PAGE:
Orwell’s 1945 novel Animal Farm tells how the animals revolt, drive the farmer out and run the farm as an animal collective. In this satire, the pigs takeover the farm, mirroring the totalitarian state after the Russian Revolution in 1917-1923.

Animal Farm 2 by author Martin Knox, continues the satire, set on Caruba Island, updating geopolitical events with the Cold War, re-emergence of the Russian state, Animal Liberation and Climate Change. The animals speak English and debate science as they critically evaluate superpower manoeuvring from their position as workers. This is a humorous and imaginative story, with enlightened views of global events.

Novel available from Amazon. Reviews:


Double jeopardy prohibits different prosecutions for the same offense. This rule can come into play when a government brings a charge against someone for an incident, then prosecutes that person again for the same incident, only with a different charge.

For example, if a defendant is found not guilty of manslaughter in a drunk-driving incident, he or she cannot be tried again in criminal court. However, the deceased victim’s family is free to sue the defendant for wrongful death in a civil court to recover financial damages.

A situation of double jeopardy could possibly be invoked when an authority brings a charge against an electricity supplier for harmful combustion of fossil fuels. Improper waste disposal is an environmental crime and could be heard in a criminal court. If they are found not guilty, they cannot be tried again in the criminal court for the same incident with a different charge, for example pollution, However, the plaintiff is free to sue them in a civil court for wrongful polluting of air.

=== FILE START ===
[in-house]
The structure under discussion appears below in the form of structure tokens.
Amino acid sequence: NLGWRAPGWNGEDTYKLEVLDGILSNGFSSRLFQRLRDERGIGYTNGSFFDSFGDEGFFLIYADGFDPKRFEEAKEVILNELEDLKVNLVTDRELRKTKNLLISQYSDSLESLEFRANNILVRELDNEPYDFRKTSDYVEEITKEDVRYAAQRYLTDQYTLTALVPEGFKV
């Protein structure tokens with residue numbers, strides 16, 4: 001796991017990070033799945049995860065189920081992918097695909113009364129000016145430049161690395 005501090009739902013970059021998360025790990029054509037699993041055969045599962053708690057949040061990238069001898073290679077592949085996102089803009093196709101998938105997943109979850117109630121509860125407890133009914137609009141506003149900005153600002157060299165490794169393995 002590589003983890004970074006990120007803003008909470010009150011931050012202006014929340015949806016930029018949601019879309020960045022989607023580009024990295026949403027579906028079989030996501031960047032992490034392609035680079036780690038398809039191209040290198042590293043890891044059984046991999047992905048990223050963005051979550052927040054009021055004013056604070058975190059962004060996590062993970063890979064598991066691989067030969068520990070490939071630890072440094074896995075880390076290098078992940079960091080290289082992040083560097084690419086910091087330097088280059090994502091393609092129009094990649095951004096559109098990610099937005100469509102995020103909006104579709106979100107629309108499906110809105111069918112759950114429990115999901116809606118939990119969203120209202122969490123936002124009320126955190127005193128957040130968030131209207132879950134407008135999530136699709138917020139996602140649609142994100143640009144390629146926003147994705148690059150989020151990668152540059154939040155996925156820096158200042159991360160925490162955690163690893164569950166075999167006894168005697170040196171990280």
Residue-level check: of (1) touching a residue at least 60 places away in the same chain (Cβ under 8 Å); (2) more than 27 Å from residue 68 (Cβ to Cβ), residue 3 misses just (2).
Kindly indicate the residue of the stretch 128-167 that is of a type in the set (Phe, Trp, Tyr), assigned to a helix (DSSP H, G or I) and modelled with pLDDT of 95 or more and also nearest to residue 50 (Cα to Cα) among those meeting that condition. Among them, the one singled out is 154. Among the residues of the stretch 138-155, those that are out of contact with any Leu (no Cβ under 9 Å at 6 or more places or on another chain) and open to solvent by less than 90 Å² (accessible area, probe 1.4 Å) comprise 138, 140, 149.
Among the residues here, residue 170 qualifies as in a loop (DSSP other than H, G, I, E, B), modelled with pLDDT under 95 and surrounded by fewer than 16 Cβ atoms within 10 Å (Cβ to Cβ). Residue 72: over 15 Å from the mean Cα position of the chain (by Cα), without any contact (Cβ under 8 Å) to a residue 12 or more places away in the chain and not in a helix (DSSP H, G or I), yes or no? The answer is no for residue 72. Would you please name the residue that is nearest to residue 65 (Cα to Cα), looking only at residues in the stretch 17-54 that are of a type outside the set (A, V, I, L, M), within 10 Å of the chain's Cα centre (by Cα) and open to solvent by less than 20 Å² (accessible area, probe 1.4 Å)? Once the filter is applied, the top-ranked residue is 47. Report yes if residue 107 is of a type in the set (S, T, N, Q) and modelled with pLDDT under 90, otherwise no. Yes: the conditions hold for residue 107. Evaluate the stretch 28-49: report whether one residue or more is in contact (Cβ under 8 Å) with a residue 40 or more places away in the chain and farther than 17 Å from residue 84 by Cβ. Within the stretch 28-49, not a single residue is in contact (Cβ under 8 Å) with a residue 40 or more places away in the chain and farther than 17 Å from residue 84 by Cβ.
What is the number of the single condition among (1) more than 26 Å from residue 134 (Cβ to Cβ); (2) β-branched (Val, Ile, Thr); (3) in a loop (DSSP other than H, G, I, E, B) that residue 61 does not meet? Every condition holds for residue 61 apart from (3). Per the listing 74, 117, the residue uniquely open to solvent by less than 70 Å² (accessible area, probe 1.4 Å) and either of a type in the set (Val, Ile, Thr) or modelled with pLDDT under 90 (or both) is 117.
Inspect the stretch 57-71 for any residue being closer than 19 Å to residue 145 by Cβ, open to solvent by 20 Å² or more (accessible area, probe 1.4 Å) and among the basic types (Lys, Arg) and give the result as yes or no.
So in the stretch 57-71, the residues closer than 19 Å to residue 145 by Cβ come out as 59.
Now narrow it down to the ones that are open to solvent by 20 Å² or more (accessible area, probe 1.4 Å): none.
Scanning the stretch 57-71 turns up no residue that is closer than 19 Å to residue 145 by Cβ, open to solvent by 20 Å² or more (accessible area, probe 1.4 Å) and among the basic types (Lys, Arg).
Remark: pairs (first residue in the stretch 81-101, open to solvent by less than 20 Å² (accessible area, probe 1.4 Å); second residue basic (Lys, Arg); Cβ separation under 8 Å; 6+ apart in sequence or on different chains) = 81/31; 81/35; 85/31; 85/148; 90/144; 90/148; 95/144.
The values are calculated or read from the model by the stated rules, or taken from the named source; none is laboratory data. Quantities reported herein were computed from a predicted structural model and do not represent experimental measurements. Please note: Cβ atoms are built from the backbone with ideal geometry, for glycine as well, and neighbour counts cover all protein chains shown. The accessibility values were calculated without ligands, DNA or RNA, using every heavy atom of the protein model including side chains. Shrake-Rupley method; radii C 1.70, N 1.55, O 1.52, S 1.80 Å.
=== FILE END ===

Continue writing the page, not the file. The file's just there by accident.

A defendant could maintain that non-renewable fuel combustion cannot be both polluting and resource – diminishing at the same time, for when that resource is not renewed, it cannot also cause pollution. The prosecutor cannot have a resource cake with pollution eating it at the same time.

The double jeopardy principle prevents courts contradicting each other.

Although the example situation above could not be dealt with by existing legislation, it could be a guide to fair treatment of alleged polluters from non-renewable resources. Resource depletion should be tested legally separately from alleged pollution.

The situation is notionally relevant to prosecution of fossil fuel compliance when neither pollution nor depletion have corroborating scientific evidence in Australia. A shifted climate science paradigm is explained in the novel Animal Farm 2.


Jane Kenwood is a feisty independent on a city council rife with skulduggery. When there is to be a vote on a casino project that she has been outspoken in opposing in a hung parliament, she disappears mysteriously.  

Dr Phillip Keane, her partner, is a forensic scientist and sets up a think tank of her friends to investigate, with help from the police. The story has forensic science to savour and reveals corruption in partisan politics that disable governments. 

The friends search systematically and find evidence of causal links between the perpetrators’ motives, suspects’ characteristics, crime scenes and the victim’s condition. Hypotheses reconstructing the heinous crime are related by an Euler walk, a theory of the crime able to convict, keeping you guessing until the dramatic final dénouement.